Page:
I mentioned in my previous post how we had some American friends stay with us over the summer. One of them was a teen girl who, as teens do, used “like” every now and then. A habit I soon found myself repeating.

Then I came across an interesting article on The Economist on this very subject and I started to wonder: like, where does “like” fit in? And is it useful, or simply an irritating extra word, to be cut off a sentence with the ferocity of a gardener weeding off his prized roses?

To answer that question, we must first understand the many uses of like.

Like | From the blog of Nicholas C. Rossis, author of science fiction, the Pearseus epic fantasy series and children's books

The Beatnik Like

As The Economist explains, the first kind of like, sometimes referred to as “beatnik like,” is an expression of wonderment. It is found in decades-old exclamations such as “Like, wow, man.”

This use is now considered so rare that one scholar even considers it to have been apocryphal, more ascribed to beatniks than actually uttered by them.

The Quotative Like

Another version is “quotative like”: “She was like, ‘You can’t do that,’ and I’m like, ‘Yes I can’.”

That was already identified in the early 1980s, associated (as so many disparaged trends are) with young women, particularly those in the San Fernando Valley of Los Angeles. This usage won out against she goes (“She goes, ‘You can’t do that,’ and I go…”) and is now ubiquitous, and uncomplicated.

The Discourse Particle

More interesting is like’s function as what linguists call a “discourse particle.” In this role, like certainly does what some older grouches bemoan: it lets the speaker avoid committing to a statement.

If someone says, “It’s, like, five miles away”, they signal an approximation. If they say, “He’s, like, a consultant”, that shows the speaker may not know the exact word needed. Already in 1983, Lawrence Schourup, a linguist, wrapped these nuances together to suggest drily that “like is used to express a possible unspecified minor nonequivalence of what is said and what is meant.”

However, like’s functions go wider than signaling uncertainty. A later analysis noted that only in some cases can “about” or “approximately” be swapped in for “like”. In “She’s, like, about to break up with him”, it indicates a hesitancy to impart sensitive information. And in “Can I borrow like $50?” it softens a painful request.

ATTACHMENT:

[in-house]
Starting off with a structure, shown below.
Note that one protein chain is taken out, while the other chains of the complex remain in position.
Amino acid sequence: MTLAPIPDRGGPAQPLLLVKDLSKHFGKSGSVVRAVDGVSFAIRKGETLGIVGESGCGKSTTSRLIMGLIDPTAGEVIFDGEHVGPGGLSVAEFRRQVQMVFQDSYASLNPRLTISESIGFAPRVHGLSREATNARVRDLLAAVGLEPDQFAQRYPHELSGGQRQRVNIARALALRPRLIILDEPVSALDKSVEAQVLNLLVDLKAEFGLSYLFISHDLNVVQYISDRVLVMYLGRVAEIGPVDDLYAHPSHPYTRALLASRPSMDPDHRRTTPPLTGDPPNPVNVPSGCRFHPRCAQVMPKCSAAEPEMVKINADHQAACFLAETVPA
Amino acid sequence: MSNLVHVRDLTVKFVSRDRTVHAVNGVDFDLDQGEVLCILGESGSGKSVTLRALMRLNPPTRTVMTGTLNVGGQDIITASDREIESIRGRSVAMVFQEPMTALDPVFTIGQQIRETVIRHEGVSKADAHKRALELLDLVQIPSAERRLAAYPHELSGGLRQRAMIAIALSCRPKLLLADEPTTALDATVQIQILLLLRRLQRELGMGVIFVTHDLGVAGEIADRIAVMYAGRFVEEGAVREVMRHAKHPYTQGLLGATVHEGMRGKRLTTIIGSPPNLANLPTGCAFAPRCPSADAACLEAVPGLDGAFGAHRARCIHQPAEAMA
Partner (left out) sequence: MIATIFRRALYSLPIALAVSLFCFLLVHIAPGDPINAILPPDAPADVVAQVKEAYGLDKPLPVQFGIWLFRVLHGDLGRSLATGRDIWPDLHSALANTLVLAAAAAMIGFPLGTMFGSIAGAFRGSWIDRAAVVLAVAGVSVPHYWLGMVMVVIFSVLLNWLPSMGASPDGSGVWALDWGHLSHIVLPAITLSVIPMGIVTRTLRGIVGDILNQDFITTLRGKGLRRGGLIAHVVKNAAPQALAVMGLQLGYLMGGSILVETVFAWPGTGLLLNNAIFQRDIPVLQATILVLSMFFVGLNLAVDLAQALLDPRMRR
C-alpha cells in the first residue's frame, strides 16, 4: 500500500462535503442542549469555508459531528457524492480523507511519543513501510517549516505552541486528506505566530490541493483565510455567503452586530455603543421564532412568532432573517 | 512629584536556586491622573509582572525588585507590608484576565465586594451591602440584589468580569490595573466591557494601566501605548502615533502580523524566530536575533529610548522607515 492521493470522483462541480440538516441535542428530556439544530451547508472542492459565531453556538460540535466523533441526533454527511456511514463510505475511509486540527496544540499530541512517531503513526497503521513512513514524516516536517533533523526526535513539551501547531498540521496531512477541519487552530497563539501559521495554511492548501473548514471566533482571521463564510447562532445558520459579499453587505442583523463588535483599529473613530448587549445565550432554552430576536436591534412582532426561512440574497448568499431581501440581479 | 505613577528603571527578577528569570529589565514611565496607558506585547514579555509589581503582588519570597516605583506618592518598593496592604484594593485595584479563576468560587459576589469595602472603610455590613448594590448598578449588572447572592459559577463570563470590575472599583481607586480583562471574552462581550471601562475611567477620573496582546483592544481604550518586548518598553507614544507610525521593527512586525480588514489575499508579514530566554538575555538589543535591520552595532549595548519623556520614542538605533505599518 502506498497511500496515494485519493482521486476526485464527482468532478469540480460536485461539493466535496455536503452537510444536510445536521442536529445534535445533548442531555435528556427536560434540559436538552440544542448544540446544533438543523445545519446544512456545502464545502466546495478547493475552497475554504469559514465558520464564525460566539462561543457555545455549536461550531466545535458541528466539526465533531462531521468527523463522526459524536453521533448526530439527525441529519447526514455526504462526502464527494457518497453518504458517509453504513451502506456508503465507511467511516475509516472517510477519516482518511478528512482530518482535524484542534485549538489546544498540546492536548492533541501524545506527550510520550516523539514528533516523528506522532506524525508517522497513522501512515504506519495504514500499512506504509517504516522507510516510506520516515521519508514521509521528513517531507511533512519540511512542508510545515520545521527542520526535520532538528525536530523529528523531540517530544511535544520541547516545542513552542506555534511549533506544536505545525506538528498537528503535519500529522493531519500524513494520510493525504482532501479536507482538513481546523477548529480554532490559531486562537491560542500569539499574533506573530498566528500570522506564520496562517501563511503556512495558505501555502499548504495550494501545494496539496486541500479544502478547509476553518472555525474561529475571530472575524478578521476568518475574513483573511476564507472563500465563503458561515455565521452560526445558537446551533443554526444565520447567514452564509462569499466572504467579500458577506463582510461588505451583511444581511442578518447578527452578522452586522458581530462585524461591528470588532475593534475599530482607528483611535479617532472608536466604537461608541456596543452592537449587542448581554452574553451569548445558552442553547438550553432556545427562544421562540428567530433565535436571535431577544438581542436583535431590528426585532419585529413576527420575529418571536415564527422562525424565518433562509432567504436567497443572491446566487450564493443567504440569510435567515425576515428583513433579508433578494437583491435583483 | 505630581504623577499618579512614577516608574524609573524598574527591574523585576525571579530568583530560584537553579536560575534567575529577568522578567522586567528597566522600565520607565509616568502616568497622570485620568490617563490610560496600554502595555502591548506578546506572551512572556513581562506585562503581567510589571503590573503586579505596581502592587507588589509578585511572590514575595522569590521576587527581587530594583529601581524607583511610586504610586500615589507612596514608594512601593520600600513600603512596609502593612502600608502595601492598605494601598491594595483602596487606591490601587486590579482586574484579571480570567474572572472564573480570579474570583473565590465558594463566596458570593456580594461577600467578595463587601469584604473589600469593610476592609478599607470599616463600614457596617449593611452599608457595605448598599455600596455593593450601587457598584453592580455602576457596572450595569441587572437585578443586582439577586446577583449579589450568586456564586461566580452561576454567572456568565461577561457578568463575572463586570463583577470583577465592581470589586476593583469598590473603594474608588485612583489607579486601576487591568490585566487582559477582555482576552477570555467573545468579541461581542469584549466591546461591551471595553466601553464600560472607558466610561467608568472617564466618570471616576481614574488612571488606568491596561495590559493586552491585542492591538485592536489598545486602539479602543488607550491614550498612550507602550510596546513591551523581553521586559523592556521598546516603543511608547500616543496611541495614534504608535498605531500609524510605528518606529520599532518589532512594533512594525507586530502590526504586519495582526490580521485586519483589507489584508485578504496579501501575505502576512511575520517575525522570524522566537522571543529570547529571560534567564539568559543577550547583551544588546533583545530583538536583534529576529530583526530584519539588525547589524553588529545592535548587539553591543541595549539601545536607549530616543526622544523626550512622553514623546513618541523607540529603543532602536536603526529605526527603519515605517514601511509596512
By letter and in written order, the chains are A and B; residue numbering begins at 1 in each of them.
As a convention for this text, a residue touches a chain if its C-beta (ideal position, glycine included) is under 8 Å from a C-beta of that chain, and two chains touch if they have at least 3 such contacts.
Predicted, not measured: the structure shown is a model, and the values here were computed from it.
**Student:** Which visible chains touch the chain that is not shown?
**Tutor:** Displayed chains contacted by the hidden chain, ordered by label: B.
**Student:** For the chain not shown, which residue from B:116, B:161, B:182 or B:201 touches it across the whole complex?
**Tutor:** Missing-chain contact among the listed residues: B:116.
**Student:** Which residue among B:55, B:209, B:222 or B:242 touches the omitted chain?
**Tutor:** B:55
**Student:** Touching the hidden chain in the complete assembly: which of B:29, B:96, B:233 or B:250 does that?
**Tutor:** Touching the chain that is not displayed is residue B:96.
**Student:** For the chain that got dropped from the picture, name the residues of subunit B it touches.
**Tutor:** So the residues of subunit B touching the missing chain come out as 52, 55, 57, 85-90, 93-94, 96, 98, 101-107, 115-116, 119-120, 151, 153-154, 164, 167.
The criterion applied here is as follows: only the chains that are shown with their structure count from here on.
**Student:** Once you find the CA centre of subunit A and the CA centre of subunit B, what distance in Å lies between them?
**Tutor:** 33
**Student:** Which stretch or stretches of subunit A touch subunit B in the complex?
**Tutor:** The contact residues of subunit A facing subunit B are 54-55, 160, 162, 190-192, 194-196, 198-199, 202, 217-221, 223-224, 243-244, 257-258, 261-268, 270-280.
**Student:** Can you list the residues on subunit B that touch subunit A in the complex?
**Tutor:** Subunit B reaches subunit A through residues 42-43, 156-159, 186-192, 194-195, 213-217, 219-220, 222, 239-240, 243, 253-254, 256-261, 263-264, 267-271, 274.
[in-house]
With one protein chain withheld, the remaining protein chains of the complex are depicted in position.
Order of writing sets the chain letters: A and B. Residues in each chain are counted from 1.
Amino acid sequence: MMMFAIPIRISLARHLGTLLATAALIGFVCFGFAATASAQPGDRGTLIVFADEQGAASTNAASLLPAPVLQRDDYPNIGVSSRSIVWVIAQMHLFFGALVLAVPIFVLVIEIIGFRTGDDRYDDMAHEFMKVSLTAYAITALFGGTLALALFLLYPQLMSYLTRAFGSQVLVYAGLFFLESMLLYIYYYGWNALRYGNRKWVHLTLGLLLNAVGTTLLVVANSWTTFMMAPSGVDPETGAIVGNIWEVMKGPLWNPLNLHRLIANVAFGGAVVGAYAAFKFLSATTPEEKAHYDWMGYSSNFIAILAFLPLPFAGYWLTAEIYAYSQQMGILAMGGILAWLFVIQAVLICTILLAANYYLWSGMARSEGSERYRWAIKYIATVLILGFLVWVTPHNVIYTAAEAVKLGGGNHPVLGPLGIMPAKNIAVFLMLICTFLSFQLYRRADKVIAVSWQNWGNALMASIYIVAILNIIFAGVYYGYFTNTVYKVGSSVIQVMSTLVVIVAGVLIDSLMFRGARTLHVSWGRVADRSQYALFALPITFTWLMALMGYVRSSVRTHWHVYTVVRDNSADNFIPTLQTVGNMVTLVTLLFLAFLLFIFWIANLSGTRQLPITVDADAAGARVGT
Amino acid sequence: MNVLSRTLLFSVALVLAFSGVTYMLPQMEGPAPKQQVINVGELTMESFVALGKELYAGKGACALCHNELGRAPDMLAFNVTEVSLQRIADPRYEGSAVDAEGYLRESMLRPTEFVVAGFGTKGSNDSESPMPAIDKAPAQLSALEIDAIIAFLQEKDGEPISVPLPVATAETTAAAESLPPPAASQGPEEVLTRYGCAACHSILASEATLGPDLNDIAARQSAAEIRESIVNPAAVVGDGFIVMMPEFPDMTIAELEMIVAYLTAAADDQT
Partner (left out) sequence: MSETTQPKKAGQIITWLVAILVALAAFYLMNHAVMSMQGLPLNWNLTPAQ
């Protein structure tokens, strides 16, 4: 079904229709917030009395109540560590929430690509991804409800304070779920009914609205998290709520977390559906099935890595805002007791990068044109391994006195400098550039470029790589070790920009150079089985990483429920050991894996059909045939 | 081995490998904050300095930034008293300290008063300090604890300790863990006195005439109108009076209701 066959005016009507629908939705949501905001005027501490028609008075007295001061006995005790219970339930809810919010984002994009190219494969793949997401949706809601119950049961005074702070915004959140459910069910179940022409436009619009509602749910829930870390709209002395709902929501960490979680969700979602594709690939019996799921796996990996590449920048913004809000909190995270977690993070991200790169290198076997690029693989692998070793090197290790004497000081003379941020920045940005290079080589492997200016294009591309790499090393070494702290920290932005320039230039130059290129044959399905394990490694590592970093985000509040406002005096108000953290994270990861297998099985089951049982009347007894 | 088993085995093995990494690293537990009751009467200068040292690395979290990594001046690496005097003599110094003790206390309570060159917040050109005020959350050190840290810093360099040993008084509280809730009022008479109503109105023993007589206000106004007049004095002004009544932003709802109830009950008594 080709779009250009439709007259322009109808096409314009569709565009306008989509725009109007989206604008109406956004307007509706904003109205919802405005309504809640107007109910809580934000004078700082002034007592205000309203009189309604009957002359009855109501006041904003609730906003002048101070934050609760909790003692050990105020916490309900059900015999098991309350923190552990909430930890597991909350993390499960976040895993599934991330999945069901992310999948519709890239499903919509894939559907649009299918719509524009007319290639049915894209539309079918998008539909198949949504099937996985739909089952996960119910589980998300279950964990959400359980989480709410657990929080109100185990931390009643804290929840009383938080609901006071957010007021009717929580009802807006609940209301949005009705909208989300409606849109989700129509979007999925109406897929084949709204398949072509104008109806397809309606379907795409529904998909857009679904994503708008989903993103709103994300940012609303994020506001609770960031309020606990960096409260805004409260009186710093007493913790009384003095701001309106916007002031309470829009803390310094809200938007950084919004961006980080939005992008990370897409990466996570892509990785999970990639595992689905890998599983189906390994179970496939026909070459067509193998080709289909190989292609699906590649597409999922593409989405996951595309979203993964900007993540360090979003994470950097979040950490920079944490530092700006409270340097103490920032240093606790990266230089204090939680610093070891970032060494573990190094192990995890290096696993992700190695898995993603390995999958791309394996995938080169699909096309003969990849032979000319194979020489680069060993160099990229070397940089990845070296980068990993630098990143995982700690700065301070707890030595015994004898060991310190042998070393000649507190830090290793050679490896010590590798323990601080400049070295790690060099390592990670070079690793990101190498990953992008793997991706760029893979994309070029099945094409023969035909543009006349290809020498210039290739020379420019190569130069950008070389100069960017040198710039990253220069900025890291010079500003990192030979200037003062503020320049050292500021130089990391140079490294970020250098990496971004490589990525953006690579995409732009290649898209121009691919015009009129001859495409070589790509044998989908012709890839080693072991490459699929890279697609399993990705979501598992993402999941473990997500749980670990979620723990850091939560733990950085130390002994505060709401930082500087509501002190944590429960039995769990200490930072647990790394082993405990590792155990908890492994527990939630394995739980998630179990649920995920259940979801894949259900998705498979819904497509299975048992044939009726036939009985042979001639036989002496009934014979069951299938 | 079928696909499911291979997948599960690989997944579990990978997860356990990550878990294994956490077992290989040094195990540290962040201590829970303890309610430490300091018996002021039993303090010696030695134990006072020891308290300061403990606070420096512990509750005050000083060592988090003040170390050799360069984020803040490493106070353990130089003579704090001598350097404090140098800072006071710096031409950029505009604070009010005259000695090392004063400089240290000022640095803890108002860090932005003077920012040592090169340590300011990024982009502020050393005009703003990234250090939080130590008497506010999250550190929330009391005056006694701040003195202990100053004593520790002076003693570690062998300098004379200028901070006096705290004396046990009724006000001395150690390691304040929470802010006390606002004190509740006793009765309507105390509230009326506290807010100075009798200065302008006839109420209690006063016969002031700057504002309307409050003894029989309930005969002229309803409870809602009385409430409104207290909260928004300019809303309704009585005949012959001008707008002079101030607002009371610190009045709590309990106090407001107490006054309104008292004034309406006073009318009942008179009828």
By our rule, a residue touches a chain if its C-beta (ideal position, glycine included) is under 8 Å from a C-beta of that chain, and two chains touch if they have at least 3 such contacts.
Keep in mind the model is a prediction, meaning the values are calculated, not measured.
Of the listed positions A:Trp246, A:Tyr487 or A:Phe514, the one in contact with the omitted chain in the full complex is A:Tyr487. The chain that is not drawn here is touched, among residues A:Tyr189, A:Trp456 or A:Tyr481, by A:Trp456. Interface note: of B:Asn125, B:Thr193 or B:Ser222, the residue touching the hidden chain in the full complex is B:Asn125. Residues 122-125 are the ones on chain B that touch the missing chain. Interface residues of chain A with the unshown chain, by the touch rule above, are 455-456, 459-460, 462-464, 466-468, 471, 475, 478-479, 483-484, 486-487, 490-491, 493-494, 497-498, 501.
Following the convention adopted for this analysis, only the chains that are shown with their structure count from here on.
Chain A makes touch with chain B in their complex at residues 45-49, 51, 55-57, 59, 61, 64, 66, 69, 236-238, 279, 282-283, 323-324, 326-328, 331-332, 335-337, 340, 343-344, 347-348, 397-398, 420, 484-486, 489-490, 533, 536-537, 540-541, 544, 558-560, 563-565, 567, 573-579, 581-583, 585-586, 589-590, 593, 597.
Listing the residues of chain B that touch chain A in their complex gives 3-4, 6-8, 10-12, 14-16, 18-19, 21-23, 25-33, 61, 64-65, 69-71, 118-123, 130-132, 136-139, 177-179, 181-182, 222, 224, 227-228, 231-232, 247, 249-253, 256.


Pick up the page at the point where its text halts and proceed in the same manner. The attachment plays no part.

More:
Introducing a whole sentence with “It’s like” puts extra emphasis on it: “My roommates play music all the time. It’s like I can’t even concentrate enough to do my homework.”

The point of a discourse particle is to give the listener some idea of the speaker’s attitude about what they are saying. It provides a valuable second channel of information, overlaying the basic proposition of a sentence. Speakers who use like are not generally stupid or thoughtless. Research suggests that they employ it more with friends and in settings where they feel comfortable, indicating that they hope this second channel will be picked up by a sympathetic audience. They reduce its use in more formal settings—perhaps well aware of how older, more powerful adults feel about it.

Part of a Respected Family

Before condemning like, consider that it belongs to a class of words that has other, more respectable members. “So” and “right” have joined like as much-criticized discourse markers. However, they are beloved of some of the most influential people on the planet. For instance, both are typical of the speech of Mark Zuckerberg, Facebook’s boss.

And if those are not classy enough, remember that words such as well, now, and indeed often seem to do little more than buy the speaker a few more moments to think, much as like can. Or recall as it were and so to speak, which, like like, can signal uncertainty or approximation.

So if you’re a like enthusiast, don’t hang your head in shame. Just don’t use it every other sentence cause that’s, like, not good.



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